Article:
I want to applaud Thais Teixeria de Paiva and colleagues on their interesting and well-done article, “Influence of canine vertical position on smile esthetic perceptions by orthodontists and laypersons,” in the March 2018 issue of the AJO-DO (Paiva TT, Machado RM, Motta AT, Mattos CT. Influence of canine vertical position on smile esthetic perceptions by orthodontists and laypersons. Am J Orthod Dentofacial Orthop 2018; 153:371-6). The authors demonstrated that for both orthodontists and laypersons (60 in each group), the most attractive smile esthetics were found when the maxillary canines were at the standard (“natural”) vertical position and with 0.5 mm of intrusion (for those with or without gingival margin exposures); the less attractive smiles were those with 1.0 mm of maxillary canine extrusion and 1.0 mm of intrusion.
I have a comment for the authors, and this leads to a discussion of a future study. The target (morphed) photograph used in the study was of a man with a “nonconsonant” smile arc. It would be interesting to study the influence of esthetic perceptions when the maxillary canines are altered vertically in the target photograph with a “consonant” smile arc. The point about the target photograph possessing a “nonconsonant” vs “consonant” smile arc was not mentioned by the authors in their Discussion section. This could be a limitation of the study in the sense that the results could not be generalized to subjects with “consonant” smile arcs. If this suggested study is contemplated, a question comes to mind. The natural, standard vertical position of the maxillary canines with a “consonant” smile arc is intrusive/superior/upward compared with the standard vertical position with a “nonconsonant” smile arc, so would this make comparison of data between the 2 studies somewhat problematic?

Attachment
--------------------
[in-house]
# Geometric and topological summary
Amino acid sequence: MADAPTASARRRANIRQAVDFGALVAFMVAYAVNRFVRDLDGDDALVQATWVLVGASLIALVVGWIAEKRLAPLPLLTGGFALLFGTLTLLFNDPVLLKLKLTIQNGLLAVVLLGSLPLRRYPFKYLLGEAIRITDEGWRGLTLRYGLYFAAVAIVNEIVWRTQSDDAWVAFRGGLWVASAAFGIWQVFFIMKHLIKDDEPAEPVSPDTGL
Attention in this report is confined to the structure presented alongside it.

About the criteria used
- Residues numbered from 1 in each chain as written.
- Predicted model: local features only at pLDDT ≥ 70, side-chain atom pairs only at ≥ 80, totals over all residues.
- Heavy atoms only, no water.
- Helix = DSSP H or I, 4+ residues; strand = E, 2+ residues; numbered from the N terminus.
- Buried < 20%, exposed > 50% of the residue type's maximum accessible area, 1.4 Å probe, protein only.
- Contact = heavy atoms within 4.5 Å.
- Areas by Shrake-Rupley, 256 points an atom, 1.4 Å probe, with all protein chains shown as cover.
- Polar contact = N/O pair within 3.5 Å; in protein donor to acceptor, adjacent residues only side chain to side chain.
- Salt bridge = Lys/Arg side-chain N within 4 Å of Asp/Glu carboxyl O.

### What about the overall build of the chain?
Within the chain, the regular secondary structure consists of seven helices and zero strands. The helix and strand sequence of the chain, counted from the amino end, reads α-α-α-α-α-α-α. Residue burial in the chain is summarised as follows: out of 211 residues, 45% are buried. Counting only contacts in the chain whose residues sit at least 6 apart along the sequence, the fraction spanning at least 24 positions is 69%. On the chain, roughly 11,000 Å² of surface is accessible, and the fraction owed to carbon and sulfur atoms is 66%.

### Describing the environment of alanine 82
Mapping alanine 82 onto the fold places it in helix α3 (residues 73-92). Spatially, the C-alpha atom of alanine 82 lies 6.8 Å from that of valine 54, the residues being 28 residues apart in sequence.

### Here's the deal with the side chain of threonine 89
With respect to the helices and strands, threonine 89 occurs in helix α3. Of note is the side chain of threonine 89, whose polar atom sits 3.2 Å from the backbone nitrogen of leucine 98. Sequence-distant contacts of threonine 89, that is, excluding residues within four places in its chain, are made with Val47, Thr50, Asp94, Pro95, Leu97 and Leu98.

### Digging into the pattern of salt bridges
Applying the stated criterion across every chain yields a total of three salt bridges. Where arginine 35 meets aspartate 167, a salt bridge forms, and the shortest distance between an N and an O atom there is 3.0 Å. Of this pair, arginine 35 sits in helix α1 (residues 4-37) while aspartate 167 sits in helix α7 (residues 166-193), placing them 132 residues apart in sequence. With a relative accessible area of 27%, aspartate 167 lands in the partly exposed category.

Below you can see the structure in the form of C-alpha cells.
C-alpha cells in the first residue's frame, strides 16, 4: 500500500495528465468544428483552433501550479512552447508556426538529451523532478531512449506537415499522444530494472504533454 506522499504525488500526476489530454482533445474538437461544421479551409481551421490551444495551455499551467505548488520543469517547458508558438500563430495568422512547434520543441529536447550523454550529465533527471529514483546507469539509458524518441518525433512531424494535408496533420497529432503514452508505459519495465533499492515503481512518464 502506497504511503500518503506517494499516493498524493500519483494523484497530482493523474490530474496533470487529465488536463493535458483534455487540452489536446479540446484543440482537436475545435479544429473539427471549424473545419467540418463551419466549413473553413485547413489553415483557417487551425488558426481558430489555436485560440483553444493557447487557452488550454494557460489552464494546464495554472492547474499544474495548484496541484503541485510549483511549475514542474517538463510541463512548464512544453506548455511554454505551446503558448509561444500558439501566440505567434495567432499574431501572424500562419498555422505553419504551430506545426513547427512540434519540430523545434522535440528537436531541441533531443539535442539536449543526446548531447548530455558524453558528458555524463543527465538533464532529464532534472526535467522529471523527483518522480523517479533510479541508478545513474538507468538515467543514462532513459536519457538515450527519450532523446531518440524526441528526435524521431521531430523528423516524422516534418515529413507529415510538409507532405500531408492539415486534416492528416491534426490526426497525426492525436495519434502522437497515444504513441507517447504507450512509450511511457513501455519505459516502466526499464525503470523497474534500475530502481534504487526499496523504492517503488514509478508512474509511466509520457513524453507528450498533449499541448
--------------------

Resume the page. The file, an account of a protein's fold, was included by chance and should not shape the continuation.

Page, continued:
Again, I commend the authors for their excellent work and contribution to the orthodontic literature.